It is estimated that fewer than 250 individuals of this tiger subspecies, known as Panthera tigris corbetti, remain. They are now only found in Thailand and Myanmar, and this discovery provides only the second known location for a breeding population.
Conservationists from Thailand’s Department of National Parks, Wildlife and Plant Conservation, Panthera (the global wild cat conservation organisation) and Freeland (a counter-trafficking organisation), continued to survey for tigers in eastern Thailand after many others gave up on the idea that any remained.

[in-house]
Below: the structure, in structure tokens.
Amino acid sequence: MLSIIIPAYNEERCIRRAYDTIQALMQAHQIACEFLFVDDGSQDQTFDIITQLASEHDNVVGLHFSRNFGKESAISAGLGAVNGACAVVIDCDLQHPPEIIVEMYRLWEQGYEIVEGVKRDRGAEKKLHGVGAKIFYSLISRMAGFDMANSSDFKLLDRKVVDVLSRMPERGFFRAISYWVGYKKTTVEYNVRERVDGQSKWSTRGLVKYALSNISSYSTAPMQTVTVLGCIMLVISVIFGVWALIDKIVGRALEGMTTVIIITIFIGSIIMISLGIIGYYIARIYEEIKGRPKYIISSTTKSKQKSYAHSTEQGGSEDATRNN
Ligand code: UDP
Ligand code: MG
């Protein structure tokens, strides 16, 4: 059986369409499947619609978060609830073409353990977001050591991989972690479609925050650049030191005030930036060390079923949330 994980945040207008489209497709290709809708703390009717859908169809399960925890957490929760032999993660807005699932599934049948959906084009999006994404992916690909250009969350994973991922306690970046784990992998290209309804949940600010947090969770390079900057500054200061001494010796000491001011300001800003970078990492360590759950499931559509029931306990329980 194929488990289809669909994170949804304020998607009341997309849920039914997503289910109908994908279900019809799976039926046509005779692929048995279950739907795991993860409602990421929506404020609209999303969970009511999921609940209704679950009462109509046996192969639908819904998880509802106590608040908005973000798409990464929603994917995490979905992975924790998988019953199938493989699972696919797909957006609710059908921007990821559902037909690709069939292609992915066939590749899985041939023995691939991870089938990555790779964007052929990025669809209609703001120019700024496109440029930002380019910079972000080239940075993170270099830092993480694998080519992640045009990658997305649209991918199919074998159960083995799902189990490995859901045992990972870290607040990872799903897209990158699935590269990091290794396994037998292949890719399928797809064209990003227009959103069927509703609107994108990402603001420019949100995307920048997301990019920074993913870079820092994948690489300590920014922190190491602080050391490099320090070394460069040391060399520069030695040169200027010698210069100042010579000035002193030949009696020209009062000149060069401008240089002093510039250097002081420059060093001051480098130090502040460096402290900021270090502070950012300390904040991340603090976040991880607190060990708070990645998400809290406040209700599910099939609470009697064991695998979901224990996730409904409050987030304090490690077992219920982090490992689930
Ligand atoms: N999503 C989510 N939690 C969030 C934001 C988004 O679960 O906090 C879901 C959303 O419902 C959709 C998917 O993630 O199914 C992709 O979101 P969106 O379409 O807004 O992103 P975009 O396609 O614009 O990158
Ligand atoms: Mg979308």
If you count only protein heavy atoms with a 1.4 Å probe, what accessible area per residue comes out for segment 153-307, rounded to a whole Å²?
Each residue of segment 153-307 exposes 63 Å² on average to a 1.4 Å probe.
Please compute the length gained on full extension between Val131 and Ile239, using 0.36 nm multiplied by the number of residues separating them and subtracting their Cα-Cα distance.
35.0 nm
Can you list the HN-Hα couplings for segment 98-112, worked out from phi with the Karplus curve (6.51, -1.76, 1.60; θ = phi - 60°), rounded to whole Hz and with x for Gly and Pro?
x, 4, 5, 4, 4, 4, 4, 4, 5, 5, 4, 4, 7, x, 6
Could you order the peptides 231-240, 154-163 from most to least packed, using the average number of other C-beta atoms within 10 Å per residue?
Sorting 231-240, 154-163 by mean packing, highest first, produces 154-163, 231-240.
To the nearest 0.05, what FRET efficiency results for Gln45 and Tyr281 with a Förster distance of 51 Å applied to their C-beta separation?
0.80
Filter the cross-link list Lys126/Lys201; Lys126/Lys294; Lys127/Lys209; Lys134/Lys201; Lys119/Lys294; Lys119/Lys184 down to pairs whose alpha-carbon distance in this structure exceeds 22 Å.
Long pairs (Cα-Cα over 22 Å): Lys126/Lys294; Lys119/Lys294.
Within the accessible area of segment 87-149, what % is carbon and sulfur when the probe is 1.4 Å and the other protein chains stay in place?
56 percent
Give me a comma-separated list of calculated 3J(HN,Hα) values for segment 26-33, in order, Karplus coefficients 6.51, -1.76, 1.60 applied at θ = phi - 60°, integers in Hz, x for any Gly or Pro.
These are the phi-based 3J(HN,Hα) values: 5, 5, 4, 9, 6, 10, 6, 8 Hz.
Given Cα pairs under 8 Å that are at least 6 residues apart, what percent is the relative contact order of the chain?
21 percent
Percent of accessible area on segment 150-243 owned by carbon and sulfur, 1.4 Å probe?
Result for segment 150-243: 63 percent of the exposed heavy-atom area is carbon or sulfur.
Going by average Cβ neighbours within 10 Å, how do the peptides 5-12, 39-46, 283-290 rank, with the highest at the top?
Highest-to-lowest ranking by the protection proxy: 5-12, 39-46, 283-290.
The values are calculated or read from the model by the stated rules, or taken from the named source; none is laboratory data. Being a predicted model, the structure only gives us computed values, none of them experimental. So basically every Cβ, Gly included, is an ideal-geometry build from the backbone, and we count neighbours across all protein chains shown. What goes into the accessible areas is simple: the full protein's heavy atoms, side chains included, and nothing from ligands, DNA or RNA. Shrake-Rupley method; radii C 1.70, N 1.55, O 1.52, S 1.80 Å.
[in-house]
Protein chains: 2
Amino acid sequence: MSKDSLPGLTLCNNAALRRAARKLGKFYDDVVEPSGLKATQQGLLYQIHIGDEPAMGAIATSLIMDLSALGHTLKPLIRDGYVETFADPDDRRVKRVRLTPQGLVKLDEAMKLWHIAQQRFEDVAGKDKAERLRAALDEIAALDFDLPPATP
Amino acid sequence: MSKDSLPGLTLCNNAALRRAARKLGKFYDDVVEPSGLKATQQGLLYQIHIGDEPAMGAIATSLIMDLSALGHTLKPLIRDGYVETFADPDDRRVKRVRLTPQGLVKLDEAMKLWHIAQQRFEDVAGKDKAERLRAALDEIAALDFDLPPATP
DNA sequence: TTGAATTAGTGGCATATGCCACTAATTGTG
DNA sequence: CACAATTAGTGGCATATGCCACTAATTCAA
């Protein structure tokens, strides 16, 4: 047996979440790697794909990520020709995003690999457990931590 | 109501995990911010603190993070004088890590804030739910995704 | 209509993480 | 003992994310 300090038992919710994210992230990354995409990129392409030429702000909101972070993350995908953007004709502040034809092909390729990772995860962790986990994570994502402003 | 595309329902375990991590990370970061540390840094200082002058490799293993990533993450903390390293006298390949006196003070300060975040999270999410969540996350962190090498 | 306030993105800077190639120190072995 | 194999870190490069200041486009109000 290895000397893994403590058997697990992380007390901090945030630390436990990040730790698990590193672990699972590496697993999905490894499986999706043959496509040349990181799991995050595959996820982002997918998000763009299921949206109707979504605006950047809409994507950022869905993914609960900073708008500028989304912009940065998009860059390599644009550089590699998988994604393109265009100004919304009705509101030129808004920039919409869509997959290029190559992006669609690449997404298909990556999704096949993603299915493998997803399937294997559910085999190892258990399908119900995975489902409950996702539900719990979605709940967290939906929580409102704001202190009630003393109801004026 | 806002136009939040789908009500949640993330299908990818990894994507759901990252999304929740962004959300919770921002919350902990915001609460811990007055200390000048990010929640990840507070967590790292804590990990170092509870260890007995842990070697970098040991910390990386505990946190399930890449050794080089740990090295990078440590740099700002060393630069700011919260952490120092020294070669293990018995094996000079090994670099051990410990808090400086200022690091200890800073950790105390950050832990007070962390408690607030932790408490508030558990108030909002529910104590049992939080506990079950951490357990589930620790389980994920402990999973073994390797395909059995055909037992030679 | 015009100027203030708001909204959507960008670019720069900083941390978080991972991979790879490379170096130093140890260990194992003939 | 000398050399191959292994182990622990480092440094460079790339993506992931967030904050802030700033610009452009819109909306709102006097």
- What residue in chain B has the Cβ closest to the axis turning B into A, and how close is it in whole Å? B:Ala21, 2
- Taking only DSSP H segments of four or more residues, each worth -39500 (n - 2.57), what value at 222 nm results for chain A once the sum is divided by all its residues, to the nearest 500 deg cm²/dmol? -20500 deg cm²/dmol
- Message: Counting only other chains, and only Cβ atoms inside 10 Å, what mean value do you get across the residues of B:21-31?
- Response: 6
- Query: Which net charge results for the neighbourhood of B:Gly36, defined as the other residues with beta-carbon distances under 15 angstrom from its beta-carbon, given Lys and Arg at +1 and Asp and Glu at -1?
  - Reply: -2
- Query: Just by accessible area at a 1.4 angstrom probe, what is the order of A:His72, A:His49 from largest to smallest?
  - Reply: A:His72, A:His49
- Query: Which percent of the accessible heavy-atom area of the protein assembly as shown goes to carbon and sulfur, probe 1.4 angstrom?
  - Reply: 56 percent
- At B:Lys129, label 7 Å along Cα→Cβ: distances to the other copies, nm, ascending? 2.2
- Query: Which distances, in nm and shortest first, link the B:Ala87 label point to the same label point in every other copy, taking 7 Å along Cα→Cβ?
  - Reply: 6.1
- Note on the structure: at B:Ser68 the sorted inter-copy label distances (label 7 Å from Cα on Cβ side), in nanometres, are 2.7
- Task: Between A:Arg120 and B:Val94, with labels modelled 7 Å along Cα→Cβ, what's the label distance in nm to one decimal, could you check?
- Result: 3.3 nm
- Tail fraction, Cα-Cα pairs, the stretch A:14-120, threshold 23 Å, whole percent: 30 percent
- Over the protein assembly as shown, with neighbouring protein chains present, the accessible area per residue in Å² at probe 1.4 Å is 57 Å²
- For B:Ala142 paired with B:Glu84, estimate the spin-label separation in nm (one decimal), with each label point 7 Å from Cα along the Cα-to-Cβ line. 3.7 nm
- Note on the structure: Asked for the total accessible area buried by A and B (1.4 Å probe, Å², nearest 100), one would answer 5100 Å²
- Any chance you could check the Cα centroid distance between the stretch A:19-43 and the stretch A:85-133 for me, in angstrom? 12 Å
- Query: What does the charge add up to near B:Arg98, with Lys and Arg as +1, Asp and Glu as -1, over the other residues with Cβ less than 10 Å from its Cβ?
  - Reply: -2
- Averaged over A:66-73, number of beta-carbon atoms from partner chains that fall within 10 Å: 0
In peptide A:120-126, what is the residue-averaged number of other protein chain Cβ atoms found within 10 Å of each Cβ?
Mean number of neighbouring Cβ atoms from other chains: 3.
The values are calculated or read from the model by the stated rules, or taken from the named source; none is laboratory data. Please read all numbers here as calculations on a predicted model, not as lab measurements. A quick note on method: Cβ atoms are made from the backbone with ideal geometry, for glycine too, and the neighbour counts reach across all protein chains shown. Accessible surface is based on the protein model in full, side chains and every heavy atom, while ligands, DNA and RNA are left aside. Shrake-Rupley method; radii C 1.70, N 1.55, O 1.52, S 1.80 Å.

“The existence of tigers here was often doubted, but these recent surveys are proving its importance not only nationally but regionally and internationally as well,” said Freeland’s Kraisak Choonhavan.
It is thought the tigers were able to survive here because the forest has been recognised as a significant site for the tigers’ future and due to efforts by the national government to combat poaching.